(Beyond Pesticides, June 19, 2017) Farmworker and health organizations have sued the U.S. Environmental Protection Agency (EPA) following the agency’s announcement last month that it will delay for one year the implementation of a final rule that revised and updated protections for certified pesticide applicators. Earthjustice and Farmworker Justice are co-counsel on the case. The rule, the Certification of Pesticide Applicators (CPA) rule, includes much needed requirements like mandatory age minimums, as well as better training for pesticide applicators to protect workers and the public from poisoning by the most toxic pesticides.
First enacted in 1974, the Certification of Pesticide Applicators Rule was revised and made final on January 4, 2017, and was scheduled to go into effect March 6, 2017. It outlines regulations regarding the certification of applicators of restricted use pesticides (RUPs)- some of the most hazardous pesticides. The rule ensures that applicators of RUPs get adequate training and establishes a minimum age of 18 for pesticide applicators. It also requires that applicators be able to read and write; increases the frequency of applicator safety training to every year; and improves the quality of information that workers receive about the pesticides that they apply in agricultural, commercial, and residential settings. Now these new common-sense protections have been delayed until May 2018, after EPA announced that it “determined that the effective date of the revised Certification of Pesticide Applicators rule should be extended until May 22, 2018, and that the agency is taking this action to give recently arrived Agency officials the opportunity to conduct a substantive review of the revised Certification of Pesticide Applicators rule.”
On Wednesday June 14, farmworker and health groups filed suit against EPA for the delay. The suit was filed in the U.S. District Court for the Northern District of California, and comes a month after the EPA announced the one-year delay to the rule while offering the public just 4 days to comment on the move. The delay means minors or poorly trained applicators can continue to handle some of the most toxic pesticides in agricultural, commercial and residential settings, putting themselves and the public at risk. According to the EPA, there are about one million certified applicators nationwide. Before delaying implementation, the agency said the revised rule could prevent some 1,000 acute poisonings every year.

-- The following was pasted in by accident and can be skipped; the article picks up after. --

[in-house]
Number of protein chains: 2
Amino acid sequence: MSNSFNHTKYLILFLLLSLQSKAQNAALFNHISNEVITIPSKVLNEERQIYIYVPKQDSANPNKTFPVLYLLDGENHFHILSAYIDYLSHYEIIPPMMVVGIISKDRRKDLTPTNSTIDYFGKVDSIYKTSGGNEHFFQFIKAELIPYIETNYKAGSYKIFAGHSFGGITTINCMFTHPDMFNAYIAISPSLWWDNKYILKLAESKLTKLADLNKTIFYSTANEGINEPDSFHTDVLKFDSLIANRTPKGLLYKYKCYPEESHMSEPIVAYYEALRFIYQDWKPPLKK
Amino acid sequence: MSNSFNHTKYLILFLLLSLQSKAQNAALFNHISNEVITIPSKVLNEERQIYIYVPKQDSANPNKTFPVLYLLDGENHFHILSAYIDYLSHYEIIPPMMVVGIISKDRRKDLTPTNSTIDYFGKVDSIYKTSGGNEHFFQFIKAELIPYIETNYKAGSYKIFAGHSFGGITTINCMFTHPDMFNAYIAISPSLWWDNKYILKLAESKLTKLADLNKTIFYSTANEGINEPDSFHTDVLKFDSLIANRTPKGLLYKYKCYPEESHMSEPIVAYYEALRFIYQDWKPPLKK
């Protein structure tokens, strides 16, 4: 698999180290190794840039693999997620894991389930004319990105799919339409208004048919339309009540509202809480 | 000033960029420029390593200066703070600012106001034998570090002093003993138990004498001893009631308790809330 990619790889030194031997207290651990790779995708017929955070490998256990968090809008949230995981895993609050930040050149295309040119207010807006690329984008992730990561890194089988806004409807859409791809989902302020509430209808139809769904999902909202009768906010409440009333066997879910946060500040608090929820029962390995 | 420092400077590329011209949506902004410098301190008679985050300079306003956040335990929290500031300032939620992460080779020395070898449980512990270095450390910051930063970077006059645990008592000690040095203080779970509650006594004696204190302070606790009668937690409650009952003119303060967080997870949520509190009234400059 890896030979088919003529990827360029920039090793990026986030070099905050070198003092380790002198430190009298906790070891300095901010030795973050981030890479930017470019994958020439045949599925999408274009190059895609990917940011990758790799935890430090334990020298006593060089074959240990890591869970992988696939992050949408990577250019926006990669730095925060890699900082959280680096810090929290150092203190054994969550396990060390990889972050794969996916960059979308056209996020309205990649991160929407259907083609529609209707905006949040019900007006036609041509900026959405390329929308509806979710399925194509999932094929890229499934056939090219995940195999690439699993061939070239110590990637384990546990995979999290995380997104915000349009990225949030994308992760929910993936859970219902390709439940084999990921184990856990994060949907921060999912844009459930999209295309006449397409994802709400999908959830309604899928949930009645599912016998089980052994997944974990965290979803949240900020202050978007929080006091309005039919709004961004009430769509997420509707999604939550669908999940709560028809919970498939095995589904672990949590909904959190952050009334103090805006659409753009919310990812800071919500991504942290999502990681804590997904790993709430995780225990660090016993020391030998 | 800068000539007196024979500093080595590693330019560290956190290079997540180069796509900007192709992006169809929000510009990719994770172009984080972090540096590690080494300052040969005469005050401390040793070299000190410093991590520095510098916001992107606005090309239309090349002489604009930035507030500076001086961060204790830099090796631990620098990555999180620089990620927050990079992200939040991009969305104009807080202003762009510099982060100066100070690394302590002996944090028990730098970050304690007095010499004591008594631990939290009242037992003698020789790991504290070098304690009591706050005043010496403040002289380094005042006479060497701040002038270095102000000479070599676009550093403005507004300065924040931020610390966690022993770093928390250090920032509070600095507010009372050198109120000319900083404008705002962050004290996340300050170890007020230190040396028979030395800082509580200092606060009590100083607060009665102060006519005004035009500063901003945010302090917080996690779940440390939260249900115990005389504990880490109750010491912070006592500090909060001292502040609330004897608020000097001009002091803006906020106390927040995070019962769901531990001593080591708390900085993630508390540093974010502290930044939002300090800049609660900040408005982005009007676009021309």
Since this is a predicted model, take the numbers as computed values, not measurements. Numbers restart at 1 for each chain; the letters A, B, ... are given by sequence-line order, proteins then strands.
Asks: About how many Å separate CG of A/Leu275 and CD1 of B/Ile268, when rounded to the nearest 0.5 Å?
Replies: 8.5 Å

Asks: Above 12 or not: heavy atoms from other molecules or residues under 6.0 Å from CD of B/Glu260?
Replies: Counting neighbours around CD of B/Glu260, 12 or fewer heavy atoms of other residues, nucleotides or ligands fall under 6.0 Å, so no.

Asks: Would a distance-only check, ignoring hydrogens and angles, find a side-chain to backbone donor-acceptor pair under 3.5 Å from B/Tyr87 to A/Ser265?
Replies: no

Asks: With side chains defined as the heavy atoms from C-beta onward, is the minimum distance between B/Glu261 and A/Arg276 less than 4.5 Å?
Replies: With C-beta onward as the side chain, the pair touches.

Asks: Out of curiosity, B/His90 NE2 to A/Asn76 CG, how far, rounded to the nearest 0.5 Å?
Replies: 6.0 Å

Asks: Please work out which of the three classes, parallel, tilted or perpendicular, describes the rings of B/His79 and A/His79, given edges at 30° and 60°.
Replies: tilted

“EPA’s mission is to protect all Americans from significant risks to human health and yet it’s delaying life-saving information and training for the workers who handle the most toxic pesticides in the country,” said Eve C. Gartner, Earthjustice attorney. “This delay jeopardizes everyone’s health and safety.”
When the EPA adopted the rule, it pointed to various tragic incidents where children died or were seriously injured when poorly trained applicators misused highly toxic pesticides. The agency concluded stronger standards for those applying RUPs will reduce risks to workers and help protect communities and the environment from toxic harms. Yet in delaying the rule, EPA refused to address these findings, and it failed to explain to the public how a delay would not cause unreasonable risks to people.
“There is no justification for delaying common sense measures to improve safety. Each year of delay will result in more poisonings and deaths,” said Virginia Ruiz, director of occupational and environmental health at Farmworker Justice.
The lawsuit was filed on behalf of Farmworker Association of Florida, United Farm Workers, Pineros y Campesinos Unidos del Noroeste, California Rural Legal Assistance Foundation and Pesticide Action Network North America.
Industry critics believe the new rules are too burdensome on pesticide applicators, citing increased time to meet training requirements and increased costs. However, with recent high profile and tragic pesticide poisonings –including the 2015 poisoning incidents in U.S. Virgin Islands and Palm City, Florida, where evidence revealed that pesticide applicators made gross errors in judgement and were possibly negligent, it is more important than ever for applicators to raise their standards of knowledge and competency in making applications of hazardous pesticides.
Without proper enforcement and oversight, applicators, their clients, and the environment will be at risk. While striving to minimize adverse impact from pesticide use, stricter applicator standards are only one part of the solution. Instead of delaying important applicator standards, EPA must reduce the overall approval, sale, and use of pesticides that are proven to be hazardous to human and environmental health, and for which there are safer alternatives, keeping with its mandate that these products pose no unreasonable adverse effects on people and the environment.
All unattributed positions and opinions in this piece are those of Beyond Pesticides.
Source: Earthjustice Press Release